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Respiratory infections reduced only 20 percent by Vitamin D (ignored dose size, duration, type, etc) – meta-analysis Jan 2019

Vitamin D supplementation to prevent acute respiratory infections: individual participant data meta-analysis

Vitamin D supplementation reduced the risk of acute respiratory infections, with very vitamin D deficient people and those receiving daily or weekly doses experiencing the most benefit.
Health Technology Assessment Vol: 23, Issue: 2, January 2019, https://doi.org/10.3310/hta23020
Martineau A R, Jolliffe D A, Greenberg L, Aloia J F, Bergman P, Dubnov-Raz G, Esposito S, Ganmaa D, Ginde A A, Goodall E C, Grant C C, Janssens W, Jensen M E, Kerley C P, Laaksi I, Manaseki-Holland S, Mauger D, Murdoch D R, Neale R, Rees J R, Simpson S, Stelmach I, Trilok Kumar G, Urashima M, Camargo C A, Griffiths C J & Hooper R L.


Studies in both Breathing and Intervention categories (give vitamin D and see what happens):

Studies in both Breathing and Meta-analysis categories (summaries of many trials):

 Download the PDF from VitaminDWiki

Dose sizes ranged from 300 IU - 4,000 IU

Note: 4,000 IU is where benefits of Vitamin D are noticed in adults

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They incorrectly label a no response to Vitamin D as a bad outcome


Background: Randomised controlled trials (RCTs) exploring the potential of vitamin D to prevent acute respiratory infections have yielded mixed results. Individual participant data (IPD) meta-analysis has the potential to identify factors that may explain this heterogeneity.

Objectives: To assess the overall effect of vitamin D supplementation on the risk of acute respiratory infections (ARIs) and to identify factors modifying this effect.

Data sources: MEDLINE, EMBASE, the Cochrane Central Register of Controlled Trials (CENTRAL), Web of Science, ClinicalTrials.gov and the International Standard Randomised Controlled Trials Number (ISRCTN) registry.

Study selection
Randomised, double-blind, placebo-controlled trials of supplementation with vitamin D3 or vitamin D2 of any duration having incidence of acute respiratory infection as a prespecified efficacy outcome were selected.

Study appraisal
Study quality was assessed using the Cochrane Collaboration Risk of Bias tool to assess sequence generation, allocation concealment, blinding of participants, personnel and outcome assessors, completeness of outcome data, evidence of selective outcome reporting and other potential threats to validity.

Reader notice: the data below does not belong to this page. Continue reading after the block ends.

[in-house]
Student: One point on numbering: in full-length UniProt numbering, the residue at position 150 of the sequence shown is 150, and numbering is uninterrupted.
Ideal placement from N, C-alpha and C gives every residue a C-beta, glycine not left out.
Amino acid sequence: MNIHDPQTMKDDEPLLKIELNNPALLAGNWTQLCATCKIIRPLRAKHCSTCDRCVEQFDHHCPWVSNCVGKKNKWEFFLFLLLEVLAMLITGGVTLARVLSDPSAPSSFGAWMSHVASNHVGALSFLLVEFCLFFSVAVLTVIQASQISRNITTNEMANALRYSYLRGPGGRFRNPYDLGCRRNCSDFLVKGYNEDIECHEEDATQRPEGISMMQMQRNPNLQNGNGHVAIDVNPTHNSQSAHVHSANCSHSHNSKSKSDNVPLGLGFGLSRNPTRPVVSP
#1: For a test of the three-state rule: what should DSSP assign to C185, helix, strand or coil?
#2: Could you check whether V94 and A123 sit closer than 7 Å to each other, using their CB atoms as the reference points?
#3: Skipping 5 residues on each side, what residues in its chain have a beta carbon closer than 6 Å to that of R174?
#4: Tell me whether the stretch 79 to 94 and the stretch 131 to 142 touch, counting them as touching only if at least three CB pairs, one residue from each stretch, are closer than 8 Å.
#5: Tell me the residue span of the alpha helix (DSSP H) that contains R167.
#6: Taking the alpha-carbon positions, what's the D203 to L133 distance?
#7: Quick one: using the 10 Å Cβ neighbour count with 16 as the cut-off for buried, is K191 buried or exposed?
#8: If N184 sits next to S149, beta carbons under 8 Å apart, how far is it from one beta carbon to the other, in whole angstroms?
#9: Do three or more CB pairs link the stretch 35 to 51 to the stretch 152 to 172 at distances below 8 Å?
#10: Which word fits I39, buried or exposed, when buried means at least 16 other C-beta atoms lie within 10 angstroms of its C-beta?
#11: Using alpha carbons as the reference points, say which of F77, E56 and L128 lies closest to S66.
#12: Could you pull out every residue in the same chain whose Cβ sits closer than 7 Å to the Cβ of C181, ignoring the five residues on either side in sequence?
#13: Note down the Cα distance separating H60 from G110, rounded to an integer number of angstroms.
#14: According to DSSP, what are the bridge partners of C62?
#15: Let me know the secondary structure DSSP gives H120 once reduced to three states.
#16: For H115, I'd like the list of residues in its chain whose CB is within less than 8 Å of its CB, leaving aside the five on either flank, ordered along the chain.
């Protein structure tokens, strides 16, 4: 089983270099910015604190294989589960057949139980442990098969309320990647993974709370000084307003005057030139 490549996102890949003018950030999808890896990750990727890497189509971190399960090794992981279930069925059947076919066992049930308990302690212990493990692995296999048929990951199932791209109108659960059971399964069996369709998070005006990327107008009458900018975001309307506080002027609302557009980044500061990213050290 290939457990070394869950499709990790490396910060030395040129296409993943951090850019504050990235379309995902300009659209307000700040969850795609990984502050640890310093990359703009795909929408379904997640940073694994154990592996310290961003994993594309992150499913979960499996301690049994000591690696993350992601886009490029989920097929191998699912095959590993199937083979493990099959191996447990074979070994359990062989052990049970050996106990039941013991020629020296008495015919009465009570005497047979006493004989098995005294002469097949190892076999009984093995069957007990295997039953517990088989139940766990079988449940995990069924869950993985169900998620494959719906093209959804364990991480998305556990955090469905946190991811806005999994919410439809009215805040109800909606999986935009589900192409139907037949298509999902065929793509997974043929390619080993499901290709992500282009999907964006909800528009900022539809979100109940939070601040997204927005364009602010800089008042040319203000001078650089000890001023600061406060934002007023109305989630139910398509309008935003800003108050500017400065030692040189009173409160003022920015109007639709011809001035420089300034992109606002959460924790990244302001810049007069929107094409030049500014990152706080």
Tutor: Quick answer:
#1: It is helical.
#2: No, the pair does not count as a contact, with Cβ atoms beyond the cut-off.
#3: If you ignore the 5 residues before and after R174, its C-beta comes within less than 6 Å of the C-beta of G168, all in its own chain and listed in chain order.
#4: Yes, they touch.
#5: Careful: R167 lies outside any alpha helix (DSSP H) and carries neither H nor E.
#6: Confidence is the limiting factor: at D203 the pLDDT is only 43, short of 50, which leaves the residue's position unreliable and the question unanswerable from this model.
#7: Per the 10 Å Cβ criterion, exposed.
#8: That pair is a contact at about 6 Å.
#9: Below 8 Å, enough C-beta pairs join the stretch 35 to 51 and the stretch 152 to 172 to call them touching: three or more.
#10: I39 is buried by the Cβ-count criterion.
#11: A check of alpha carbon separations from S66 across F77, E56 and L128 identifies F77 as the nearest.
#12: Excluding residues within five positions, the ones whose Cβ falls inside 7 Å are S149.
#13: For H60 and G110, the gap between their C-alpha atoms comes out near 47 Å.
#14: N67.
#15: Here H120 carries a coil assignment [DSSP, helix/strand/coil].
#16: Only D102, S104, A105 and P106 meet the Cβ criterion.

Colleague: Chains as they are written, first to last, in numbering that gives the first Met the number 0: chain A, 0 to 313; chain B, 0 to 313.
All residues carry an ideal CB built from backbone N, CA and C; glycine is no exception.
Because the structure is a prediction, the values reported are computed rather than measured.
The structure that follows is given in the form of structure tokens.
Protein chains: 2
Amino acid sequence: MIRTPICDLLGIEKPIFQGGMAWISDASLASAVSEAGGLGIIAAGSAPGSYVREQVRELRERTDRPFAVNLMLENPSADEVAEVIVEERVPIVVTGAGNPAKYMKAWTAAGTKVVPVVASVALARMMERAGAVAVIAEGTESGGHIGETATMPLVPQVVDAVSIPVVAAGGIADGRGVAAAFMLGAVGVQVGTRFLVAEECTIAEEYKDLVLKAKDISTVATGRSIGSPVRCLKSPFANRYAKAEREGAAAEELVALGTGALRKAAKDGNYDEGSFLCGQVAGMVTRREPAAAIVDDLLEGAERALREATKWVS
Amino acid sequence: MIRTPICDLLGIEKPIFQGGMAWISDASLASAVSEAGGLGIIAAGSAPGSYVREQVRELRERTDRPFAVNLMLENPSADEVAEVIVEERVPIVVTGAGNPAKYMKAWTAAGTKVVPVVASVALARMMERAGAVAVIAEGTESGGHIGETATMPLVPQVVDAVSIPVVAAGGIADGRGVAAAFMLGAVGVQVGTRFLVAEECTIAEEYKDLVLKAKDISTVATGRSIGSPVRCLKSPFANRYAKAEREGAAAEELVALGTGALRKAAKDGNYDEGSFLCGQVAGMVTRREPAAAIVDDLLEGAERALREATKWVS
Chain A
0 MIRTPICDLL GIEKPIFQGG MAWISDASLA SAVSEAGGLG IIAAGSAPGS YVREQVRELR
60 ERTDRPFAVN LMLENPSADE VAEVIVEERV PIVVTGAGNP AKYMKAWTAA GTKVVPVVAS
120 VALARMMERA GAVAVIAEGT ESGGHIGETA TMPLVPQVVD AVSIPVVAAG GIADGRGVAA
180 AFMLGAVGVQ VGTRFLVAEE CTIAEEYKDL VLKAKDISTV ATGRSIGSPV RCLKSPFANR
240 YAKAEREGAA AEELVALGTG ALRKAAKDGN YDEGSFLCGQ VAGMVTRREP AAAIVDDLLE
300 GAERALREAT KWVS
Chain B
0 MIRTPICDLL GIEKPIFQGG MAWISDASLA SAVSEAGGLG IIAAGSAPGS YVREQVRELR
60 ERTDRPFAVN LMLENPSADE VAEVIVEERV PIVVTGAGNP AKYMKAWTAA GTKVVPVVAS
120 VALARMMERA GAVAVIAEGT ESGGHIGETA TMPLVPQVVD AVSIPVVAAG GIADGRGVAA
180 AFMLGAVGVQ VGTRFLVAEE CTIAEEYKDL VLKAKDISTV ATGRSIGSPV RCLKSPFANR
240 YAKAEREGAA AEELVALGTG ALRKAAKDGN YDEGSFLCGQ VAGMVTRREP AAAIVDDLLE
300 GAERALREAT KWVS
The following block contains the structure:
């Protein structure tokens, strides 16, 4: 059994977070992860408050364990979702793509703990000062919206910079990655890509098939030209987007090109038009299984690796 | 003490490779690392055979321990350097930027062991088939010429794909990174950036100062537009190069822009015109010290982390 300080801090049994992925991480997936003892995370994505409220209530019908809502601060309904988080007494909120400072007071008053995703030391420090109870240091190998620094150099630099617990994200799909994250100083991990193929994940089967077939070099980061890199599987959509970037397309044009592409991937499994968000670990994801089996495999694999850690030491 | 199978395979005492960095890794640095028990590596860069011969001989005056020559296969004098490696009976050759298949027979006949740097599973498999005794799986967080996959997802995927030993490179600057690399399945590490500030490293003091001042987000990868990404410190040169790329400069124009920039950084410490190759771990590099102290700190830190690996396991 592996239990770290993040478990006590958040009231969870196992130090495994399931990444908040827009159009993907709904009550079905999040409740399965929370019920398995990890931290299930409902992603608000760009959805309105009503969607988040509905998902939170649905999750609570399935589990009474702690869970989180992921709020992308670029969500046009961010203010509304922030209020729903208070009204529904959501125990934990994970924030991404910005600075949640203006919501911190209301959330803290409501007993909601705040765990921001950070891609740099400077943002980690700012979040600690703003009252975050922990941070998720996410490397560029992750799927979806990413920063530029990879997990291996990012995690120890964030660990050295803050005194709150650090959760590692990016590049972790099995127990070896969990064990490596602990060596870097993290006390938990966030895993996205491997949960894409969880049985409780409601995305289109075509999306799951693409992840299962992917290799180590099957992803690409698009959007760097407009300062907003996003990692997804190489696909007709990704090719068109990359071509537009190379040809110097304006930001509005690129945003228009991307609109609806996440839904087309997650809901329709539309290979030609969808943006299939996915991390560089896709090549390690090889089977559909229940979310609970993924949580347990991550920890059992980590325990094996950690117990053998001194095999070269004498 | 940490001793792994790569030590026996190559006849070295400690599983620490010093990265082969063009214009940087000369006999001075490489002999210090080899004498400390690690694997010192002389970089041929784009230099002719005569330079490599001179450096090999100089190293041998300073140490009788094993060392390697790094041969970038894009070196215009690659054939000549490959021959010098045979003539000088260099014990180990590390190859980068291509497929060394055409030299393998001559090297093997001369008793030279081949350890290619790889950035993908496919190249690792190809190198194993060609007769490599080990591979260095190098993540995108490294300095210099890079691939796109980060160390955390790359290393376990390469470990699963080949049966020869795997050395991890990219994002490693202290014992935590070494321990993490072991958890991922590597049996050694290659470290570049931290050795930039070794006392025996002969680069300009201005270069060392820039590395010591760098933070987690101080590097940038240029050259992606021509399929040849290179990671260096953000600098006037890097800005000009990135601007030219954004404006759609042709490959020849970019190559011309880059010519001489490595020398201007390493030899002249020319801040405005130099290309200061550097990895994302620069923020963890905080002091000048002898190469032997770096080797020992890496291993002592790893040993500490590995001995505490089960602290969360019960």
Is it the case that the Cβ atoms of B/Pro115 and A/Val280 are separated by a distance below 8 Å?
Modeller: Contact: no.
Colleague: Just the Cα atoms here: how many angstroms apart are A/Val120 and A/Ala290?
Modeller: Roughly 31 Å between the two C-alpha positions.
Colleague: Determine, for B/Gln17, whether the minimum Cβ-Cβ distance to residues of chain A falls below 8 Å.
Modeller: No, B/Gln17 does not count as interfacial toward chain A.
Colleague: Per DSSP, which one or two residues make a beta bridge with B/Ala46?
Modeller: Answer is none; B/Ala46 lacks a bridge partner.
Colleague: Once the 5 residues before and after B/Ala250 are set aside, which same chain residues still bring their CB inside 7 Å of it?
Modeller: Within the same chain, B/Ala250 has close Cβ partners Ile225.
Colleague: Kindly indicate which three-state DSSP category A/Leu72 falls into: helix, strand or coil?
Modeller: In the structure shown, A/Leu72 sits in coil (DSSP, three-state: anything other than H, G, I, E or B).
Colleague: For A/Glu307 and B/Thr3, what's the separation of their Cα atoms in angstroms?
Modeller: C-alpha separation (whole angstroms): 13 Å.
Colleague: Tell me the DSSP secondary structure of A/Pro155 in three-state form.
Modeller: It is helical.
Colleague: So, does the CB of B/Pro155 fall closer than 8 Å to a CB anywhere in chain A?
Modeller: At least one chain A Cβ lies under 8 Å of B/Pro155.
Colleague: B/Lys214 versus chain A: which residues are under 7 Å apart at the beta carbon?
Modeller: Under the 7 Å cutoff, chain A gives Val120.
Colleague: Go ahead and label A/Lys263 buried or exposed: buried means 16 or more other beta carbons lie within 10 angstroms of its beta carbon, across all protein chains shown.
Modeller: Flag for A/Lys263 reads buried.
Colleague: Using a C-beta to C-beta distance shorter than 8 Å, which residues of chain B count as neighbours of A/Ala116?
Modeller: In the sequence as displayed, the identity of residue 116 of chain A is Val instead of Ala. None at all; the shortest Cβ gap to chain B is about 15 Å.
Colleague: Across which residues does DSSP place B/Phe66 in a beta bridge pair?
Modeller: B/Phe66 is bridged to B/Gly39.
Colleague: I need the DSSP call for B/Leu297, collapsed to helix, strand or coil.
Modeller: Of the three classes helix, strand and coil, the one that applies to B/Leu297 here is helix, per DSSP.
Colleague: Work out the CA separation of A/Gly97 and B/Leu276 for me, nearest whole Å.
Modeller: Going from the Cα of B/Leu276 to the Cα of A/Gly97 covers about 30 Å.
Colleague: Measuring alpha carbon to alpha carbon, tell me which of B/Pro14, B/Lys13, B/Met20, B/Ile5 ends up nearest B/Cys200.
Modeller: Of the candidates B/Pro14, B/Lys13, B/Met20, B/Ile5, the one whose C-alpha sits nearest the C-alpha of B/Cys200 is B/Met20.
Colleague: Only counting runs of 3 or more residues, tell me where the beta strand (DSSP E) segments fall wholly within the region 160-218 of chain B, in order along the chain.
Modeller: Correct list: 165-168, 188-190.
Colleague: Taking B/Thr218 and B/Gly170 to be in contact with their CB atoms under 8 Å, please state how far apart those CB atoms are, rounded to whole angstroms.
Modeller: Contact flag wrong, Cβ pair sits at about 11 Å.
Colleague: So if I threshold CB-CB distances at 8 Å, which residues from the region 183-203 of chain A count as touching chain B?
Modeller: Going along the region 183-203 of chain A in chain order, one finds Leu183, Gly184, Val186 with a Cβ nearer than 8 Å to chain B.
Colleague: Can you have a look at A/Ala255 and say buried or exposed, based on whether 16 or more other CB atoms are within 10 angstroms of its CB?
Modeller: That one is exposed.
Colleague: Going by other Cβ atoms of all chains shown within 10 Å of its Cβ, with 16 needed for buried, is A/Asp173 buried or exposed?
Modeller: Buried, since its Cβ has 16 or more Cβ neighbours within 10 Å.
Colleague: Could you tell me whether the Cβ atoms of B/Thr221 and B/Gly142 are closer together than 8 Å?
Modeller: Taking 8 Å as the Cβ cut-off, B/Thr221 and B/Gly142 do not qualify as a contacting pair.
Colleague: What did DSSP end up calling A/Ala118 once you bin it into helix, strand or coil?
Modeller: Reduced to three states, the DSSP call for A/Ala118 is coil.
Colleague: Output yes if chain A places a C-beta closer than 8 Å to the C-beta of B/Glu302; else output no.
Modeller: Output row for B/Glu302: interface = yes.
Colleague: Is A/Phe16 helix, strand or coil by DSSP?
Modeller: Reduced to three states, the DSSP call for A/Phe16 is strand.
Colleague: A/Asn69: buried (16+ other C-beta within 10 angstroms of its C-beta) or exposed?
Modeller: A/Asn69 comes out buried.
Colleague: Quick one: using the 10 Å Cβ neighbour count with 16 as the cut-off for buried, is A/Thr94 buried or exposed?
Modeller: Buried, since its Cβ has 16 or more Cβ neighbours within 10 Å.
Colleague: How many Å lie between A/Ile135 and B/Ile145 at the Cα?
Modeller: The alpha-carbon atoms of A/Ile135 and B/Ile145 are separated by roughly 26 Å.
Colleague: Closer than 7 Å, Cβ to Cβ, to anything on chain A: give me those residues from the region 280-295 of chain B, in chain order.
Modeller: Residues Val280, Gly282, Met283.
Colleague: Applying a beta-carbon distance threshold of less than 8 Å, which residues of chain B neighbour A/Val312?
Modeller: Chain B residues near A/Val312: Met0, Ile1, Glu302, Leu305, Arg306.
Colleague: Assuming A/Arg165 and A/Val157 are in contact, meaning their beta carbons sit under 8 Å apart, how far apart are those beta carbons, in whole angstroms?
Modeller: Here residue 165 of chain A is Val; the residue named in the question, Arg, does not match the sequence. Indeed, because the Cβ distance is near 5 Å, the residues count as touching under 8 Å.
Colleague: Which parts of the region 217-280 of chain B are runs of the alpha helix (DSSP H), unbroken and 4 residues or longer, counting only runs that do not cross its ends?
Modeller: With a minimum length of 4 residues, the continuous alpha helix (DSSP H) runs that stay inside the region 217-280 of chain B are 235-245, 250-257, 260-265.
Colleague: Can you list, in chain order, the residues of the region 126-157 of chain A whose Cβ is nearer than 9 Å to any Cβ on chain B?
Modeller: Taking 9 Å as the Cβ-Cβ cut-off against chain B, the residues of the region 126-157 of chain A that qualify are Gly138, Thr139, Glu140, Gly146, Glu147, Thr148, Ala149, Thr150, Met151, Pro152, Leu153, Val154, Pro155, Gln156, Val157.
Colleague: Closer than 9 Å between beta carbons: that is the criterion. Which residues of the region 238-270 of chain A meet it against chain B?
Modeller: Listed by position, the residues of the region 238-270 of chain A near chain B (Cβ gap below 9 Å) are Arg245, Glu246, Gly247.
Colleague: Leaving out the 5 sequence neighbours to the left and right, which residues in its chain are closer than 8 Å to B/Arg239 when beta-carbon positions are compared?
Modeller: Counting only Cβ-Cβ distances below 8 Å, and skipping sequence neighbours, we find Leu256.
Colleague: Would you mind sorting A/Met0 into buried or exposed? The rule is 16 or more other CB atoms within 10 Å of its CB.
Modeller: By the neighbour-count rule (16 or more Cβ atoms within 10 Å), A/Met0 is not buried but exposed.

We identified 25 eligible RCTs (a total of 11,321 participants, aged from 0 to 95 years). IPD were obtained for 10,933 out of 11,321 (96.6%) participants. Vitamin D supplementation reduced the risk of ARI among all participants [adjusted odds ratio (aOR) 0.88, 95% confidence interval (CI) 0.81 to 0.96; heterogeneity p < 0.001]. Subgroup analysis revealed that protective effects were seen in individuals receiving daily or weekly vitamin D without additional bolus doses (aOR 0.81, 95% CI 0.72 to 0.91), but not in those receiving one or more bolus doses (aOR 0.97, 95% CI 0.86 to 1.10; p = 0.05). Among those receiving daily or weekly vitamin D, protective effects of vitamin D were stronger in individuals with a baseline 25-hydroxyvitamin D [25(OH)D] concentration of < 25 nmol/l (aOR 0.30, 95% CI 0.17 to 0.53) than in those with a baseline 25(OH)D concentration of ≥ 25 nmol/l (aOR 0.75, 95% CI 0.60 to 0.95; p = 0.006). Vitamin D did not influence the proportion of participants experiencing at least one serious adverse event (aOR 0.98, 95% CI 0.80 to 1.20; p = 0.83). The body of evidence contributing to these analyses was assessed as being of high quality.

Limitations: Our study had limited power to detect the effects of vitamin D supplementation on the risk of upper versus lower respiratory infection, analysed separately.

Conclusions: Vitamin D supplementation was safe, and it protected against ARIs overall. Very deficient individuals and those not receiving bolus doses experienced the benefit. Incorporation of additional IPD from ongoing trials in the field has the potential to increase statistical power for analyses of secondary outcomes.

Study registration: This study is registered as PROSPERO CRD42014013953.

Created by admin. Last Modification: Friday January 25, 2019 18:03:50 GMT-0000 by admin. (Version 7)

Attached files

ID Name Comment Uploaded Size Downloads
11265 Good Bad.jpg admin 25 Jan, 2019 78.37 Kb 630
11264 Dose 3.jpg admin 25 Jan, 2019 10.70 Kb 443
11263 Dose 2.jpg admin 25 Jan, 2019 11.60 Kb 450
11262 Dose 1.jpg admin 25 Jan, 2019 7.33 Kb 429
11261 RTI Meta.pdf admin 25 Jan, 2019 951.22 Kb 639